Biological assessments of streams and lakes can help determine water quality. MPCA and DNR staff sample populations of fish and macroinvertebrates to understand how the current water quality affects the biodiversity of a water body. For example, macroinvertebrates such as midges and aquatic worms have a higher tolerance to pollution and poor water quality than do mayflies and stoneflies (pictured right). If a stream reach is found to have an abundance of highly-tolerant species and fewer less-tolerant macroinvertebrates, that may be an indicator of poor water quality.
Measurements for fish and macroinvertebrate assessments are recorded as “IBI” – Index of Biological Integrity and are a part of the Pomme de Terre River Watershed Monitoring and Assessment Report.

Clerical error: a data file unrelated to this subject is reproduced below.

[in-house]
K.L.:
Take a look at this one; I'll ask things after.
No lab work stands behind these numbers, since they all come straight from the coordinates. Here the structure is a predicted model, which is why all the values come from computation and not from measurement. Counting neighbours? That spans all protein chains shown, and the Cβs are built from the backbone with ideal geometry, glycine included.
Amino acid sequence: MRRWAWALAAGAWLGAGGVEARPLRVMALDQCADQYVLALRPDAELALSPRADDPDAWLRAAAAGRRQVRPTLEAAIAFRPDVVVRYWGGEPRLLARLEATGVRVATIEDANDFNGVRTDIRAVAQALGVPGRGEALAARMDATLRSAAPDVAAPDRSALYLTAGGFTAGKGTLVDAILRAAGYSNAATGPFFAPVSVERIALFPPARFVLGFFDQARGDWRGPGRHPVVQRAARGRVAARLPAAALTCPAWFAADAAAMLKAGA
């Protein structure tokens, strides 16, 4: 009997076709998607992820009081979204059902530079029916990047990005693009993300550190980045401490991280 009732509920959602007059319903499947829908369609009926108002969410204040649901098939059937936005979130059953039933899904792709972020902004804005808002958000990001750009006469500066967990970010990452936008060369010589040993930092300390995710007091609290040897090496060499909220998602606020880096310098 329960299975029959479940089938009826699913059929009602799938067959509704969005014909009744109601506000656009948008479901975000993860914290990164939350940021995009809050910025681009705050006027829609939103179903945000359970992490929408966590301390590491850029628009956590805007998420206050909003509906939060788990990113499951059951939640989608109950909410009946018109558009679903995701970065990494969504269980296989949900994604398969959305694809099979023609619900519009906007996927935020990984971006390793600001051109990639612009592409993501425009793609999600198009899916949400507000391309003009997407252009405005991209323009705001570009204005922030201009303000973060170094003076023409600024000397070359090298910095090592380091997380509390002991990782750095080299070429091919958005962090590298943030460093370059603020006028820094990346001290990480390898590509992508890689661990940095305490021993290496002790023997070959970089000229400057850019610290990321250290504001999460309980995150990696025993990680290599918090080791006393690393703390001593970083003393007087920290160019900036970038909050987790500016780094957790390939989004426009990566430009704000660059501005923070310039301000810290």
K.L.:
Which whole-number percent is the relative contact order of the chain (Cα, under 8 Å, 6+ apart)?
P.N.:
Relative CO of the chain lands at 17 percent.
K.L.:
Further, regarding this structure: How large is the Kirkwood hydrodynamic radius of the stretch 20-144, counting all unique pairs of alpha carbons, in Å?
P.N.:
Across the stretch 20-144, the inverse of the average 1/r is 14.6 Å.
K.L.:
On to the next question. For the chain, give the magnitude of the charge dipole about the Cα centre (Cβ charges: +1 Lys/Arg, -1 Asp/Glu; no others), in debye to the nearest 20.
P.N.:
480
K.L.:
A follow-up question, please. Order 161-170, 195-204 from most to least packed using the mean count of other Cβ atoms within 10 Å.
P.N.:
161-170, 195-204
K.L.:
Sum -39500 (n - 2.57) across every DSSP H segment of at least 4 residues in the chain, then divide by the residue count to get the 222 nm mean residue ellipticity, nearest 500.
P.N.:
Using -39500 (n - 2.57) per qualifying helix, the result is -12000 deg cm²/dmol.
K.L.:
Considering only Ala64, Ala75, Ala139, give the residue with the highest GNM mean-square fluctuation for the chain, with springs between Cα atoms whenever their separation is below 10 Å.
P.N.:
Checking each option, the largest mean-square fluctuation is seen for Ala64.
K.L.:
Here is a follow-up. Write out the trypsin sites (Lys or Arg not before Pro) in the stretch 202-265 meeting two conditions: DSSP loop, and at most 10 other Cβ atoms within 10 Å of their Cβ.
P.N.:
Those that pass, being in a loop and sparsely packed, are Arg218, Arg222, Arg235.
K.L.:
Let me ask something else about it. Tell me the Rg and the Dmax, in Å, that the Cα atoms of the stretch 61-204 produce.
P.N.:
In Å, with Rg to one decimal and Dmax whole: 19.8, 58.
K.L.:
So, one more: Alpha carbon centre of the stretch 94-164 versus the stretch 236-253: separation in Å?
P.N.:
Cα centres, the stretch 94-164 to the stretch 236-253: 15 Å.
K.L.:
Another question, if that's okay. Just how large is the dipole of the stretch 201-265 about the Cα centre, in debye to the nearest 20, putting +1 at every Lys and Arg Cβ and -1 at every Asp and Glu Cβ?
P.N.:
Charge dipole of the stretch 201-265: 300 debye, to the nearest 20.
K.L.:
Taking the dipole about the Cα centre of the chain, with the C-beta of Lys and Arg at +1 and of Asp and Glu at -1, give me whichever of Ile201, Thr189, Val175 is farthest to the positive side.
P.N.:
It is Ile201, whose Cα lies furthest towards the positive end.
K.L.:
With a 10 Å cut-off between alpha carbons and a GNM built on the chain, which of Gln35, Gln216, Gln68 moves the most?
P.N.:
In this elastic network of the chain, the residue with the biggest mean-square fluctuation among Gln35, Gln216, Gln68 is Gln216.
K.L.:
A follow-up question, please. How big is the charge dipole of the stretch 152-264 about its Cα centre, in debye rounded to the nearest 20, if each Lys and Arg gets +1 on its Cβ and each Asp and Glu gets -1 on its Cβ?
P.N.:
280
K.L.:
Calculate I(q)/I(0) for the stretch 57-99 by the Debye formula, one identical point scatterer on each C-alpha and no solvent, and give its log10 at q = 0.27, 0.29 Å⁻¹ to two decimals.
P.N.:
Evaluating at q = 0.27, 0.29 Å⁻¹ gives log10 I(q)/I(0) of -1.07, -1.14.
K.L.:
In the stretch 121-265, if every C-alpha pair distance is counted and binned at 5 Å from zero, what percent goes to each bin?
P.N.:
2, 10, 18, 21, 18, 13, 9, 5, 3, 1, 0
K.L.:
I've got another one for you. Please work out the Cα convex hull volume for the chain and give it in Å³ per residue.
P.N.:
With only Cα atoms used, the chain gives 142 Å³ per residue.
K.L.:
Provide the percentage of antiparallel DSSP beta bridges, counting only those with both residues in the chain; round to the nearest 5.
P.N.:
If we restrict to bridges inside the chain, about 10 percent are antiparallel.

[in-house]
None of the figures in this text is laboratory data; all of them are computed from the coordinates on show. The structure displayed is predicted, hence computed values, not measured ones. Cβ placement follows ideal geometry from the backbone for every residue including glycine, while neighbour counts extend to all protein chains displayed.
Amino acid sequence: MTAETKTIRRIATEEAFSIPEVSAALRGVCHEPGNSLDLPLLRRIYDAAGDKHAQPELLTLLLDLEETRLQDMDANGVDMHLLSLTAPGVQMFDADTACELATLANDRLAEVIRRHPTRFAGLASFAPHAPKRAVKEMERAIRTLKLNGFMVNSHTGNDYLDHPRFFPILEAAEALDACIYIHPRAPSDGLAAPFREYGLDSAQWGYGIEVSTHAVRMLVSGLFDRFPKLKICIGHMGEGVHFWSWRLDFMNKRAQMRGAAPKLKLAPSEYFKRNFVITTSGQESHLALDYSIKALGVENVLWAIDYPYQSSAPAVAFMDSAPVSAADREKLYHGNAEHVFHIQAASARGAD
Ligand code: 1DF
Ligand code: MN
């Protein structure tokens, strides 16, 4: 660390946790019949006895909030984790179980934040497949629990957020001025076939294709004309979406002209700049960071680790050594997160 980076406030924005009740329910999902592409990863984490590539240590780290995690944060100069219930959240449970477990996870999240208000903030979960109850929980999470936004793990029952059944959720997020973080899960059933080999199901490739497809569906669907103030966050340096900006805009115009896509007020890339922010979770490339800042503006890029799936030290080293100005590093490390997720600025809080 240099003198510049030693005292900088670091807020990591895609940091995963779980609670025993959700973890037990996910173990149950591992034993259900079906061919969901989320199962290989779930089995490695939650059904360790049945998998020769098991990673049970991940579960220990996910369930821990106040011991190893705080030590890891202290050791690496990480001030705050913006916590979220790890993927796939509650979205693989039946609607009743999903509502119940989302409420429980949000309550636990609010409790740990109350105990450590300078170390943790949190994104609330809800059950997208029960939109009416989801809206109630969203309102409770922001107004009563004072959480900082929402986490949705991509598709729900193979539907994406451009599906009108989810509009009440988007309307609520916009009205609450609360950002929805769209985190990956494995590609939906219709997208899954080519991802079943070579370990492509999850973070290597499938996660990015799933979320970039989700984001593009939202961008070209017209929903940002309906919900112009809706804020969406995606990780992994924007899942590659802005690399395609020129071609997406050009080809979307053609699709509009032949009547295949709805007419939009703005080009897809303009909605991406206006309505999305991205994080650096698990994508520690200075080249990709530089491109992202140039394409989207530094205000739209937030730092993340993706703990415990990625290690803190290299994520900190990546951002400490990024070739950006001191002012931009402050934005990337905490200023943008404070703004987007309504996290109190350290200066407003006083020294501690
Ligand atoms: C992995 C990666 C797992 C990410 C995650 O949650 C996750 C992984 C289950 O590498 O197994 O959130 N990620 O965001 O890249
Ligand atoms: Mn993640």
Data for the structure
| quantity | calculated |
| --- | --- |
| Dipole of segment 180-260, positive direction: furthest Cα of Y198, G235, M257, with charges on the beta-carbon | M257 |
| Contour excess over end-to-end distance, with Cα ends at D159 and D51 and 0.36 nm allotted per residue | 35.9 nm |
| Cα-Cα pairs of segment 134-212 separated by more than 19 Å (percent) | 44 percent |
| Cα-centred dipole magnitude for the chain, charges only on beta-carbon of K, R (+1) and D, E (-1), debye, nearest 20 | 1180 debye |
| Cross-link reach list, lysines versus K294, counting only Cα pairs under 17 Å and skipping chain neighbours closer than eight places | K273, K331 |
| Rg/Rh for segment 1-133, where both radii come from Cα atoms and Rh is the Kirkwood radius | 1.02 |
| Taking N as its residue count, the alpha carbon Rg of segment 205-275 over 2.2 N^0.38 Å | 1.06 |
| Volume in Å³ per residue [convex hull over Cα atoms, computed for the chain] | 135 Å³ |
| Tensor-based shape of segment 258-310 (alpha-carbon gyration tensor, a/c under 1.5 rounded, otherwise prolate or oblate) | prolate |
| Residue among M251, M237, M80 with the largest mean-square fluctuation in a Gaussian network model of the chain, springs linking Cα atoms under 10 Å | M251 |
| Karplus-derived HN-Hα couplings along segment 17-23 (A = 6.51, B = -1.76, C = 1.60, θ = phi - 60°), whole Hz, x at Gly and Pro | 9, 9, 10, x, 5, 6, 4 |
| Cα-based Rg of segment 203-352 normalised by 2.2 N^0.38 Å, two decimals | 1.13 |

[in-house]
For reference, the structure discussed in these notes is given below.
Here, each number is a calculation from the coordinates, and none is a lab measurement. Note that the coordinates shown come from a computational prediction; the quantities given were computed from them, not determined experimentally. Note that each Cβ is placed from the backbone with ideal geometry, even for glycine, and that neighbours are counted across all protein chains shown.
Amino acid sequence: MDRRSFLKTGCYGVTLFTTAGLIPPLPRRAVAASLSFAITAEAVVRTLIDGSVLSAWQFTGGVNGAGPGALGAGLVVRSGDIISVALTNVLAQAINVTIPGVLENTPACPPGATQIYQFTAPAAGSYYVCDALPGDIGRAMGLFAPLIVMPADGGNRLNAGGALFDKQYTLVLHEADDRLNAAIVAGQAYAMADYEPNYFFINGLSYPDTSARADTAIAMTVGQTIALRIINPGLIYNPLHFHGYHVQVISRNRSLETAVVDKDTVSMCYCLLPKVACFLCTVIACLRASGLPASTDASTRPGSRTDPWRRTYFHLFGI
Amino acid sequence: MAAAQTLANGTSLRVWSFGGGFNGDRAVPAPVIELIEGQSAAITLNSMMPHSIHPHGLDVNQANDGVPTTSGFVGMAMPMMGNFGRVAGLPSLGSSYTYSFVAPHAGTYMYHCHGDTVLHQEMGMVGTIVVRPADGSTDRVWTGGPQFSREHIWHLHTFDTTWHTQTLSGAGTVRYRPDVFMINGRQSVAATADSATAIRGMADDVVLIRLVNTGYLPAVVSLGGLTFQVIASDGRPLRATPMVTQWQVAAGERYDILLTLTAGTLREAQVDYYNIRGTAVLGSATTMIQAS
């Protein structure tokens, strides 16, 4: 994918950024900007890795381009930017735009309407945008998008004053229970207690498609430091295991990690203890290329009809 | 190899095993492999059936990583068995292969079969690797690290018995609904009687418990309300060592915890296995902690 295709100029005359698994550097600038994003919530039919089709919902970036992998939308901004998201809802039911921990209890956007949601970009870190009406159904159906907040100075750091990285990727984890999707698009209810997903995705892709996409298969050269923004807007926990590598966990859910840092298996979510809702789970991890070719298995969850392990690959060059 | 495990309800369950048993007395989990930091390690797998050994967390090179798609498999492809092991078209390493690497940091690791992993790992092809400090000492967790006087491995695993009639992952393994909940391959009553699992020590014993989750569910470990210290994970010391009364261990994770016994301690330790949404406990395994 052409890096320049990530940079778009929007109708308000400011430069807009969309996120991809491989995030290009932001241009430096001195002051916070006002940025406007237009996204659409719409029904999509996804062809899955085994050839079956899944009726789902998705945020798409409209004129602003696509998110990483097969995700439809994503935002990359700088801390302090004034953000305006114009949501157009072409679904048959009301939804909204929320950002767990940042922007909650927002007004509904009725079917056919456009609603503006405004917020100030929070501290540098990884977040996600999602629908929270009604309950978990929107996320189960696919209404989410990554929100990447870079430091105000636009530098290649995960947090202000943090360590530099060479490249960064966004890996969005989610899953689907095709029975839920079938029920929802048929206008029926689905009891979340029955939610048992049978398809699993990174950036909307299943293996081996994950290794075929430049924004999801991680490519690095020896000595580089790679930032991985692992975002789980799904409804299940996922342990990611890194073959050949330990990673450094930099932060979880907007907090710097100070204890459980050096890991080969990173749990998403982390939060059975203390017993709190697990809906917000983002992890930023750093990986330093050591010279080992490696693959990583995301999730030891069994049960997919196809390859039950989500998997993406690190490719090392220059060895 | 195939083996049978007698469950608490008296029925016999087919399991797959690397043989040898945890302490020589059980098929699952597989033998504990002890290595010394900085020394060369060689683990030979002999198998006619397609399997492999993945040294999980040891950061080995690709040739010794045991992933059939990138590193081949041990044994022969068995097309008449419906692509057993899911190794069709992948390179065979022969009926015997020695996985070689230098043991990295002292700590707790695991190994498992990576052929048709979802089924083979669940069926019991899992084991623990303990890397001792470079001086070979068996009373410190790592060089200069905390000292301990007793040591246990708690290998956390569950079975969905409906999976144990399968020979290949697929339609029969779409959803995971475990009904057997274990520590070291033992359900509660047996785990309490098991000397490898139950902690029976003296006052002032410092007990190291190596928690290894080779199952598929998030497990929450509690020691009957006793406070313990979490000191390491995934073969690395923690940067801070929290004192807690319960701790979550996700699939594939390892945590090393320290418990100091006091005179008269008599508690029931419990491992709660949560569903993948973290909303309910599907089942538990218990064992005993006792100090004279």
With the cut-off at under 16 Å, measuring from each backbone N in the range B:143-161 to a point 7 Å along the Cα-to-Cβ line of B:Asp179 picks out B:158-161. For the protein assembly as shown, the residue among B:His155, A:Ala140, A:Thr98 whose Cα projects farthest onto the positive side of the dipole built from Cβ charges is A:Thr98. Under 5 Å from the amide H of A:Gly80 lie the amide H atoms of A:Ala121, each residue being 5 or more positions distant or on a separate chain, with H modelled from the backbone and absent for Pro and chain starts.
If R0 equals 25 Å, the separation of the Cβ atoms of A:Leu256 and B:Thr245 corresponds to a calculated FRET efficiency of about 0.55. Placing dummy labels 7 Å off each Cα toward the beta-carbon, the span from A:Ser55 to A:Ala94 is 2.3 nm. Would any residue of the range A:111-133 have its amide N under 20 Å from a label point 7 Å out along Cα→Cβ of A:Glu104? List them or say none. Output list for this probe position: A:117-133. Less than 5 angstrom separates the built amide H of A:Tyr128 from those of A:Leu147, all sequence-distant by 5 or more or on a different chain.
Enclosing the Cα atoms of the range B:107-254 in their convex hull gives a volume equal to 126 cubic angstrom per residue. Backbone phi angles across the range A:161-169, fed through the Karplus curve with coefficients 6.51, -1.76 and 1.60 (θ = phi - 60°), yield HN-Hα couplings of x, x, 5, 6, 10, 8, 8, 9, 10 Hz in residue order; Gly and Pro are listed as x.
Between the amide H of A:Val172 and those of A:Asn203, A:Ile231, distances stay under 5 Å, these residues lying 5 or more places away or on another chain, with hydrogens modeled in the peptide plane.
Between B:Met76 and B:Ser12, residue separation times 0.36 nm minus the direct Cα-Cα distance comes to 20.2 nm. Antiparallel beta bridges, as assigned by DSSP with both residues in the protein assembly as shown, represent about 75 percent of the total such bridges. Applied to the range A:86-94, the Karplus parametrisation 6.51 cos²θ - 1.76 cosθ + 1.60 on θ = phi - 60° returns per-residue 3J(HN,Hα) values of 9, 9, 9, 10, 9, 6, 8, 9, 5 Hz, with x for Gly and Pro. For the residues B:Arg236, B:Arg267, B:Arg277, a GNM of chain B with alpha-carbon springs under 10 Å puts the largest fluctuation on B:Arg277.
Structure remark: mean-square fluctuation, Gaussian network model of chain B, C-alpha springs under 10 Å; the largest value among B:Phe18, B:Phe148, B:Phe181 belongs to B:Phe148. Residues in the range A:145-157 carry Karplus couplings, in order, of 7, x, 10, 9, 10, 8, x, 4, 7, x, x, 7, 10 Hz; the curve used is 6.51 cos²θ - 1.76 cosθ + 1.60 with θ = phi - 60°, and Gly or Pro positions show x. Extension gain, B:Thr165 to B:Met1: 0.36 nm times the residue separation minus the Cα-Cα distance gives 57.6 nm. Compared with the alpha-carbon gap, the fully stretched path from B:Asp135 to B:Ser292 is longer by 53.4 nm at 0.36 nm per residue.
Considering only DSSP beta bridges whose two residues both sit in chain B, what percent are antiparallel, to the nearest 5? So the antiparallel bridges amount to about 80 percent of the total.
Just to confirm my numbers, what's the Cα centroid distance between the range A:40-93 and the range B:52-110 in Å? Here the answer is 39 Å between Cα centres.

Want to get involved?
The Minnesota Pollution Control Agency (MPCA) hosts Citizen Monitoring Programs. With 69,000 miles of streams and over 14,000 lakes in Minnesota, more volunteer monitors are needed to help track the health of our waters. No prior experience or training is required – just a love of water. All equipment and training is provided by the MPCA free of charge.
Join more than 1,400 Minnesotans who track the health of their favorite lake or stream — become a citizen water monitor today!
Find out if your favorite lake or stream needs monitoring by using the MPCA’s interactive map. To become a volunteer or learn more about the program, visit the Citizen water monitoring enrollment webpage, or call 651-296-6300 (Twin Cities) or 800-657-3864 (Greater Minnesota).